This Incredible Need to Create: Letterpress Salon with Ted Ollier

This Incredible Need to Create: Letterpress Salon with Ted Ollier*

“Creating is the true human activity”

In her This Incredible Need to Believe (2009) Julia Kristeva argues that human life is shaped by an indomitable desire to believe, which is almost an “inexorable push”. Reflecting on the function of letterpress printing workshops at a time when industrial mass printing is now readily available, Ted Ollier shares a similarly significant observation: As he answers the questions that followed the two consecutive letterpress printing workshops within the framework of “A Press of One’s Own: Celebrating 100 Years of Virginia and Leonard Woolf’s Hogarth Press”, Ted Ollier underscores the centrality of the need to create for “Homo sapiens sapiens.” As the press master of Bow & Arrow Press, Harvard University and a conceptual artist running his own “Mindhue Studio”, Ted answers his calling and works hard to foster this inexorable push, this essential need to create.

Being not just a printmaker but also an artist, he sheds light on the hard labor behind the beautiful Hogarth Press books as well as exploring the stakes of letterpress printing today. With his firsthand experience at weekly Open Nights, he can easily discern the fact that creative involvement in producing a printed page was a stimulus for later stories for the Woolfs and their circle.

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Mine Özyurt Kılıç (M.Ö.K)- Ted, you are a conceptual artist and a printmaker. What does Bow & Arrow Press mean to you?

Ted Ollier (T.O.)- The Bow & Arrow Press means several things to me. It is a place that has its own history tied with the arts culture at Adams House Residence Hall. It is a slice of Harvard life that is not quite as severe as the usual Harvard experience. It is a reliquary of obsolete technologies. It is a forum where I can interact with novice artists in a much less formal setting than in a graded class for college credit. It is a refuge where I can experiment with my own printmaking ideas. It is a salon filled with discussion, drink and laughter. It is, in the words of a student/partner/friend, an “art-safe space”.

M.Ö.K- How do you think these Harvard-related Open Press Nights contribute to the scholarship and general culture?

T.O.- It’s hard to say, exactly, as we’re not very academic at the Press or during Open Press Nights, but in the eight years I’ve been doing this, I’ve taught printmaking and letterpress to a wide variety of students, staff, and scholars. I’ve taught paleontologists, financiers, book conservators, librarians, venture capitalists, experimental biologists, conceptual artists, poets, translators, Classicists, doctors and computer scientists. I try to introduce art not as a walled garden with specific credentials for admittance, but the birthright of all members of the species Homo sapiens sapiens, regardless of skill or specific intent. Most people leave with some small piece of work that they can point to with pride and say, “I did this.” I can only hope that in doing so, I have increased the diffusion of artistic thinking into the general populace by some small (but non-zero) percentage.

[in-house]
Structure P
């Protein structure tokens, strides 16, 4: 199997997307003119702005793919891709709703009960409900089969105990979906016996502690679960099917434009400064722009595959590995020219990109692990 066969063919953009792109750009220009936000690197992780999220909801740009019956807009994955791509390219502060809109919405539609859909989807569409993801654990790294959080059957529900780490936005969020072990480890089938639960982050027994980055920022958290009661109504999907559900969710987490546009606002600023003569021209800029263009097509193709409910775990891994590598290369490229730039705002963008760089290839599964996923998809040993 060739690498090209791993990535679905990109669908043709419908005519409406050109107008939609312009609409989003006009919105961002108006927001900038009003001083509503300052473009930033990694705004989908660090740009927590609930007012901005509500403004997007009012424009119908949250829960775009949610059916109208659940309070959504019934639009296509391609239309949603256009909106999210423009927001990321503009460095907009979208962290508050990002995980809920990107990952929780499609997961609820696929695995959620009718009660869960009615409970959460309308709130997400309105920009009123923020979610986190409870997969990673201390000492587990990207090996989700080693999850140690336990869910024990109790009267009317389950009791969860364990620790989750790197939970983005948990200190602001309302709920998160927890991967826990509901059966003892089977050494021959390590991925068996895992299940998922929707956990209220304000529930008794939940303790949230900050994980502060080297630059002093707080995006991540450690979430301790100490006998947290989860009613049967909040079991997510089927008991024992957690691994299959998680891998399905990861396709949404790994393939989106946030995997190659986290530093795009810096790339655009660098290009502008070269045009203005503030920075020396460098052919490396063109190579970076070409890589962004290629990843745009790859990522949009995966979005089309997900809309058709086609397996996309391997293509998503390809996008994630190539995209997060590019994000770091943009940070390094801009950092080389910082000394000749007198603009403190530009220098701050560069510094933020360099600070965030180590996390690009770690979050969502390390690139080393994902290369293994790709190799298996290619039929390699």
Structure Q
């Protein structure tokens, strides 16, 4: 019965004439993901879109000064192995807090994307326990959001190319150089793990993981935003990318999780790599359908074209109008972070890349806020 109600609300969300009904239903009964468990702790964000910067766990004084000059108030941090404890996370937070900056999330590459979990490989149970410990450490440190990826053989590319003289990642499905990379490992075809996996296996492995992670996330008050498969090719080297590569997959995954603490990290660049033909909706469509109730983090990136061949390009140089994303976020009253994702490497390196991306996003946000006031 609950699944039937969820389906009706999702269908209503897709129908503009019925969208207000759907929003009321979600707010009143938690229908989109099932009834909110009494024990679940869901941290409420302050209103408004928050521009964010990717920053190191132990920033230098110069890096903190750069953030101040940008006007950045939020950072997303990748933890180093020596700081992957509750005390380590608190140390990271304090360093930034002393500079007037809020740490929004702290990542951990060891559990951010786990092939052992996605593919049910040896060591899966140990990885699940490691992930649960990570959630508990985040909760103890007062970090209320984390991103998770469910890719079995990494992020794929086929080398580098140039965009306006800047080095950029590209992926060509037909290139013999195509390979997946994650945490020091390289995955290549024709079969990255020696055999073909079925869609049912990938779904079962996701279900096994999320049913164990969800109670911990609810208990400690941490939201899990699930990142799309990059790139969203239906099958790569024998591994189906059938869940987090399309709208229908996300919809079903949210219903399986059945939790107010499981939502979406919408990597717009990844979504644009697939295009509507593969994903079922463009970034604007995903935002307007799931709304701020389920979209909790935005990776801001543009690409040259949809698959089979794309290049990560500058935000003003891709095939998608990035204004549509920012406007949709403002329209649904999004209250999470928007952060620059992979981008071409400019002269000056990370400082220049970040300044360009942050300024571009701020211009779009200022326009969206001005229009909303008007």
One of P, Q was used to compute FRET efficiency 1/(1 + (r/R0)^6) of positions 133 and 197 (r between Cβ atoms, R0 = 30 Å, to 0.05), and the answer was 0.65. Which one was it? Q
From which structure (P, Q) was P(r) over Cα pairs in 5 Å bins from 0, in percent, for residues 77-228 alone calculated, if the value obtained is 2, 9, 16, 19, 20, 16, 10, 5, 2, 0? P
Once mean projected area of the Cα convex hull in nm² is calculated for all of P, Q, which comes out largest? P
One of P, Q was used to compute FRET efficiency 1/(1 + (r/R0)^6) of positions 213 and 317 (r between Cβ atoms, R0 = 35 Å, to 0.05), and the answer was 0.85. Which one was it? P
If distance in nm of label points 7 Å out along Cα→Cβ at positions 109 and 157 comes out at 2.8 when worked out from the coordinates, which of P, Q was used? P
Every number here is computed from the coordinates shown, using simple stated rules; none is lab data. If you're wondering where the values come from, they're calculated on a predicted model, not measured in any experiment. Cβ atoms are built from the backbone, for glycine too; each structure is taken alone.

M.Ö.K- Running our “A Press of One’s Own” workshops here, we learned a lot about the production process. But can you tell us more about what it meant to typeset and print a book at home back in the 1910’s?

T.O.- The funny thing is, it would not have been all that different from printing a book commercially. All printmaking, not just letterpress, is very process-oriented. This holds true whether one is running a small press on a kitchen table or a huge press in a factory warehouse. The basic difference between the two is the number of final pieces you intend to produce: 100 or 100,000. But regardless of the quantity, you have to typeset running text. Running text takes a lot of type to set. Even in a commercial press, an entire book would not have been typeset all at once, as that would have been an enormous investment in metal and casting. So, anyone looking to print a book would typeset the text in chunks, print them in sets, and slowly work their way through the book, reusing letters from previous pages as they proceeded. It becomes even more complicated when you realize that printed text that is intended for binding into a book is not laid out in page order — 1, 2, 3, 4, 5, 6, 7, 8. The pages have to be divided up and imposed into signatures that make it easier to print and bind — 8, 1, 2, 7, 6, 3, 4, 5. You may wish to decide your page breaks and page flow before you even start laying lead into a composing stick. This means that one must have some sort of plan — a mockup, a flowchart, a maquette — for managing the production of the piece as it progresses. Woolf would have probably learned this the hard way with her first few projects.